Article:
OPINION FILED MAY 12, 1953.
ROBERT KETUROSKY, APPELLEE,
INDIANA HARBOR BELT RAILROAD COMPANY, AND CHICAGO, MILWAUKEE, ST. PAUL AND PACIFIC RAILROAD COMPANY, APPELLANTS.
Appeal by defendants from the Circuit Court of Cook county;
the Hon. WILLIAM V. BROTHERS, Judge, presiding. Heard in the
second division of this court for the first district at the June
term, 1952. Judgment affirmed. Opinion filed May 12, 1953.
Rehearing allowed September 21, 1953. New opinion filed December
1, 1953. Rehearing denied December 1, 1953. Released for
publication January 22, 1954.
MR. JUSTICE SCHWARTZ DELIVERED THE OPINION OF THE COURT.
Rehearing denied December 1, 1953.
Rehearing allowed September 21, 1953.
On March 26, 1948 plaintiff, while driving an automobile across the railroad tracks of the Indiana Harbor Belt Railroad Company at twenty-fifth avenue in Melrose Park, Illinois, was struck by the engine of a train operated by the Chicago, Milwaukee, St. Paul and Pacific Railroad Company. He was seriously injured, and upon trial, the jury returned a verdict of $45,000. The usual post-trial motions were overruled, and judgment was entered on the verdict.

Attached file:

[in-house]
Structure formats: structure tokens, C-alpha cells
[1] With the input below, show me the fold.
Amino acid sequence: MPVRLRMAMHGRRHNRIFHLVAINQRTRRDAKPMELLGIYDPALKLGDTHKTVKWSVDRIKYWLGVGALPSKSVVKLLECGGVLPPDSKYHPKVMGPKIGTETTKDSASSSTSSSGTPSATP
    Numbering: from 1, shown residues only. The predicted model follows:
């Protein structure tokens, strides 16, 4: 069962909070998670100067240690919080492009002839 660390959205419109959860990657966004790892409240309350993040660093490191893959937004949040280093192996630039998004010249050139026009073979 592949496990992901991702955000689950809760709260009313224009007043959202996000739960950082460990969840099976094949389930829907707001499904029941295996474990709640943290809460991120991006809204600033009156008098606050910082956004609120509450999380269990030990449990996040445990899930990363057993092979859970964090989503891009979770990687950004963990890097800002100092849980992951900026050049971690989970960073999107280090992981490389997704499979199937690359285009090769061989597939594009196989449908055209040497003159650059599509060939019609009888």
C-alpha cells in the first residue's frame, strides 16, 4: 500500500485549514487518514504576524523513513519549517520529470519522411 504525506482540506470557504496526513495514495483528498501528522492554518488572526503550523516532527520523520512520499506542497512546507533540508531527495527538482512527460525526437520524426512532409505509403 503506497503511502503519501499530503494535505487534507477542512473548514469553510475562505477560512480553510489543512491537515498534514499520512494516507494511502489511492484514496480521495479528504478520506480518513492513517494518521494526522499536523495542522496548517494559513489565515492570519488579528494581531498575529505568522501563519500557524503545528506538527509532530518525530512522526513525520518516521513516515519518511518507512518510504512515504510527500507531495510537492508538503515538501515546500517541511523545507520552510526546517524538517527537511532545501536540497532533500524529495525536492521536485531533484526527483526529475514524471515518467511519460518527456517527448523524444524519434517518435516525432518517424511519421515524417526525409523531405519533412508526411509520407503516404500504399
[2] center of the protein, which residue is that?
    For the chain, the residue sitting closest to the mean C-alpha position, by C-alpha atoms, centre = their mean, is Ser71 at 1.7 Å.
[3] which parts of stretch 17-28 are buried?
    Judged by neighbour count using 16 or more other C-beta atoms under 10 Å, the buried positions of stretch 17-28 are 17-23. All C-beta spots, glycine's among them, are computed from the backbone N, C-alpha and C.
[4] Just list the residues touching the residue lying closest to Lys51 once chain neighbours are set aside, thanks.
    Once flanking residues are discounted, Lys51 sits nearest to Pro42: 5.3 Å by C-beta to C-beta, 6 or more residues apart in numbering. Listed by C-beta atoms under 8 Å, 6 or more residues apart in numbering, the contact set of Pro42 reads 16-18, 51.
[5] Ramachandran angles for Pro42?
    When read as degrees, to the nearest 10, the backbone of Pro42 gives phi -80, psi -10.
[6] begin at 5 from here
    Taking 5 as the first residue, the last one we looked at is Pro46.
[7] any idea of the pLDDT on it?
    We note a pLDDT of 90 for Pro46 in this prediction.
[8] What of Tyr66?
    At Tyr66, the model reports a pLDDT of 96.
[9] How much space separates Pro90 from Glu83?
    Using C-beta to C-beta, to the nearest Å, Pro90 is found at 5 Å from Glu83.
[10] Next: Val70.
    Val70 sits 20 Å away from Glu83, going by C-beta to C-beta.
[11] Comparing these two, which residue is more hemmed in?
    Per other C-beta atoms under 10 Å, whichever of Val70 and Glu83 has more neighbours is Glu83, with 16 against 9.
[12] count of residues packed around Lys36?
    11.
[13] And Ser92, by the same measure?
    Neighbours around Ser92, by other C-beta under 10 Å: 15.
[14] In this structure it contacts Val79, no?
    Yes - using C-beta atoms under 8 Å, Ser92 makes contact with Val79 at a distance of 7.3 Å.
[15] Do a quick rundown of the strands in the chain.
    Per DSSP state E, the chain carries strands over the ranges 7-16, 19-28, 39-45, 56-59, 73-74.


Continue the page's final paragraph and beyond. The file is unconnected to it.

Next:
Twenty-fifth avenue at the place in question is described as a heavy traffic street (23 feet wide) running in a north and south direction. A series of twelve tracks cross it. Part of defendants' Norpaul Yard is east and part of it is west of the crossing. Approaching the crossing from the south there is a 5% grade, that is, a rise of five feet in one hundred feet of travel. There were approximately 70 trains and 30 switch movements over the crossing per day. The crossing is wholly unguarded, save for a sign on the east side of twenty-fifth avenue warning that there is a railroad crossing ahead, and a standard railroad-crossing sign south of the most southerly rail.